Plant Combination Ideas for Container Gardens
While there are many annuals available to purchase in garden centers, these are the plants that I seem to be drawn to year after year. So, here are some washtub planter ideas for annuals.
- Geraniums: long-blooming, heat tolerant, and a continuous bloomer, Geraniums are my personal favorite for use as a thriller in many of my washtub planters. Geraniums require regular deadheading to remain beautiful throughout the season.
- Supertunia Latte: long, continuous bloomer, Supertunia Latte can be used for a thriller and spiller effect in container planting. You won’t need to deadhead it to keep it thriving and is a strong healthy, vigorous growing plant. Alluring to both hummingbirds and butterflies.
- Verbena: fulfilling the role of a spiller in container plantings, Verbena is a white blooming trailing plant. Heat tolerant and requires no deadheading.
- Euphorbia: dainty and frilly, Euphorbia is a go-to annual for use as a filler in any planting container. Planted in the sun or shade, this plant produces little white flowers all season long. Heat and drought tolerant and requires no deadheading, Diamond Frost Euphorbia is one of my all-time personal favorite plants.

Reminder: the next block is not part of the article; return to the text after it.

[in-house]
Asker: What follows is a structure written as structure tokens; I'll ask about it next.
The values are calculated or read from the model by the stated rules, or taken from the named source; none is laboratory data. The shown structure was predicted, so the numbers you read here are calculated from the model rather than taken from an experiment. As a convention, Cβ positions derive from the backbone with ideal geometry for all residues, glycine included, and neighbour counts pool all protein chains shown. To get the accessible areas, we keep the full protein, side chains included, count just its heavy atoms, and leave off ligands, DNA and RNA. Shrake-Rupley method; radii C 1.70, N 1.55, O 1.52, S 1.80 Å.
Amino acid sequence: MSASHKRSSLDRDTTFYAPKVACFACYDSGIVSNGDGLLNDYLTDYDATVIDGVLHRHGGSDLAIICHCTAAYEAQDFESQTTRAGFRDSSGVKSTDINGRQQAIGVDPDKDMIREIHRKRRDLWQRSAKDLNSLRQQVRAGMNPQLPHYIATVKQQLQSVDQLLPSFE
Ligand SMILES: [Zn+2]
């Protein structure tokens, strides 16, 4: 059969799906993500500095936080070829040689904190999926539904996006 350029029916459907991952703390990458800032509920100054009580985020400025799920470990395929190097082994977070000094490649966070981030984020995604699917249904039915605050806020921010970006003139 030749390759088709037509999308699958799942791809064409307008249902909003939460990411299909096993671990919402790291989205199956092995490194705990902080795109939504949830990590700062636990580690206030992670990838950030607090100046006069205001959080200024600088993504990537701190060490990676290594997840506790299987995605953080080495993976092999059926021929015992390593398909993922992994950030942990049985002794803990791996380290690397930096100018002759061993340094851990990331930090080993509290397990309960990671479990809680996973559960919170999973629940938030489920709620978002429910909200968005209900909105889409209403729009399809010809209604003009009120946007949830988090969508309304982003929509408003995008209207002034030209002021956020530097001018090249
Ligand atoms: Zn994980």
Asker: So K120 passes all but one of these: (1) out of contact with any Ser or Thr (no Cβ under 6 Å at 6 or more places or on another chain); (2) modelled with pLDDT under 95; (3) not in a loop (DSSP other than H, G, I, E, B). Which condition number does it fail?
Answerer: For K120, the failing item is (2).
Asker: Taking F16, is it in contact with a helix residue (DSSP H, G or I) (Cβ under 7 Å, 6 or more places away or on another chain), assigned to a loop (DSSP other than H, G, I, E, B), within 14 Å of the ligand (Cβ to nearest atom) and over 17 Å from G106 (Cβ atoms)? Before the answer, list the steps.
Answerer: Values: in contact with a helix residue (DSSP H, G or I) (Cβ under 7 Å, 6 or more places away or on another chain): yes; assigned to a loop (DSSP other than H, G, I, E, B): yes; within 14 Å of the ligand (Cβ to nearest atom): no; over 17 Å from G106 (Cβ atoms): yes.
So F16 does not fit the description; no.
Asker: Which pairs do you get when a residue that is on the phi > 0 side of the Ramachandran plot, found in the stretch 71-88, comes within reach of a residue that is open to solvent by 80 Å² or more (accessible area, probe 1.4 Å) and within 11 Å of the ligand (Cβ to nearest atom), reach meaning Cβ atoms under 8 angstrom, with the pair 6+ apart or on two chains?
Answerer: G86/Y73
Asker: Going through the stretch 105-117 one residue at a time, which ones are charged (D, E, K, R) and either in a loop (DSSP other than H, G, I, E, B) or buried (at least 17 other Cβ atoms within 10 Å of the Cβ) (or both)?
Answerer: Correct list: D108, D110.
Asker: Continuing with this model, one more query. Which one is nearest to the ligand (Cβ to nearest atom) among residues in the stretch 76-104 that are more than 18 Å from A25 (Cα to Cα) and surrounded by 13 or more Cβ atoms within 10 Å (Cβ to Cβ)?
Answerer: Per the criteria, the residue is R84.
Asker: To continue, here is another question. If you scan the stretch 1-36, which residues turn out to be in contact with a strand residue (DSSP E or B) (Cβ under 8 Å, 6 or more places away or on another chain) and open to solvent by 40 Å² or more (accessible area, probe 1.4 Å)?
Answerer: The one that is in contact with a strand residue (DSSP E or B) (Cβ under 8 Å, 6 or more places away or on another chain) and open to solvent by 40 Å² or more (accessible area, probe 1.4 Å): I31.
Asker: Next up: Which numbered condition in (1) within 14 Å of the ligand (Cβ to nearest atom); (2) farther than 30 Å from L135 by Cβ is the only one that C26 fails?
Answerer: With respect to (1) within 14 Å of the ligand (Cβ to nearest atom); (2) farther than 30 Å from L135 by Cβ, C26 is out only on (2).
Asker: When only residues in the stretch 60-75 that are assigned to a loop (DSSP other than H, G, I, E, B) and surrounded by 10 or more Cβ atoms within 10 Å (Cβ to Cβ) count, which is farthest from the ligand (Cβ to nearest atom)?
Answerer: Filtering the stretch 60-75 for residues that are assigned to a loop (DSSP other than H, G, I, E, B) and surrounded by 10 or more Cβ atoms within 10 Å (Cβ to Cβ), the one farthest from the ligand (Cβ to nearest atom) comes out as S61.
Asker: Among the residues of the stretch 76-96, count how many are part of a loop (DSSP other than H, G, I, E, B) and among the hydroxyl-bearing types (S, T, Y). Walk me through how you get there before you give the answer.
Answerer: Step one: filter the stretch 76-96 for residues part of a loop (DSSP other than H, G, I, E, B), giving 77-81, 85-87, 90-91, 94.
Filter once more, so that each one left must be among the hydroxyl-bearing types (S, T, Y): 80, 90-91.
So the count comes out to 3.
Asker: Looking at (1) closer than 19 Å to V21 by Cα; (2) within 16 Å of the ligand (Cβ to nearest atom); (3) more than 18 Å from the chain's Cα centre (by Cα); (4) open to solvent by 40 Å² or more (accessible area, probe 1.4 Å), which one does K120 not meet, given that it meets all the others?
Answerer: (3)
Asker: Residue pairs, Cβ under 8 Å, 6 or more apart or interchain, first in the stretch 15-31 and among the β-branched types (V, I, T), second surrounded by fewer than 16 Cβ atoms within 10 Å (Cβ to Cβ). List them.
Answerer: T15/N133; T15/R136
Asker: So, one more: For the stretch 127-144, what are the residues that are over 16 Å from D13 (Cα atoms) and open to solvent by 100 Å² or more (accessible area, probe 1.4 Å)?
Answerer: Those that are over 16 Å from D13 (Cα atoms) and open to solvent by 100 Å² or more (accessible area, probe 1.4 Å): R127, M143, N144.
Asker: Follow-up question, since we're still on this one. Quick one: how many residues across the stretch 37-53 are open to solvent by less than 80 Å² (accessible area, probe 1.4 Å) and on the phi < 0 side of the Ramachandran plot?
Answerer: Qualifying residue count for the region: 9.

- Crazytunia Black Mamba: an easy filler plant that blooms with a lovely black flower that reminds me of velvet. This is a personal favorite of mine that the butterflies and hummingbirds also find beautiful. Some deadheading is required to keep the plant looking amazing through the earliest frost.
- Dracaena Spikes: utilized as an annual for adding a thriller interest to mixed plantings. Grown for foliage, heat tolerant, and requires no deadheading.
Wash Tub Planter Ideas for Perennials
Planting in washtub planters with hardy perennials and small shrubs can be enjoyed from year to year. In addition, ornamental grasses, small roses, and evergreens are excellent for planting in containers. So, here are some washtub planter ideas for perennials that are currently planted in my gardens.
- Wee White Hydrangea: growing in the sun or part shade, and only 2 1/2 feet tall, the Wee White Hydrangea is the perfect container size. A dwarf “Annabelle” type hydrangea with white flowers blooming all summer.
- Binoche Coral Bells: a compact herbaceous evergreen perennial with tall flower stalks held above a low mound of foliage. Flowering in dainty spikes of creamy white bell-shaped flowers and having attractive large leaves. A good plant for attracting hummingbirds to your yard. This perennial grows well in both full sun or shade. However, it prefers to grow in average to moist conditions and not dry out.
- Susan William Ellis Rose will be the first rose that I am container planting. It will arrive in a few weeks as a bare root rose, which I will plant the same as I did with my climbing bare root rose. The Susan William Ellis Rose is a pure white English Rose. With a mature growth of 4 1/2ft 3 1/2ft, I will plant this rose in a large galvanized washtub with a stand. It is remarkably winter hardy, with upright, bushy, twiggy growth.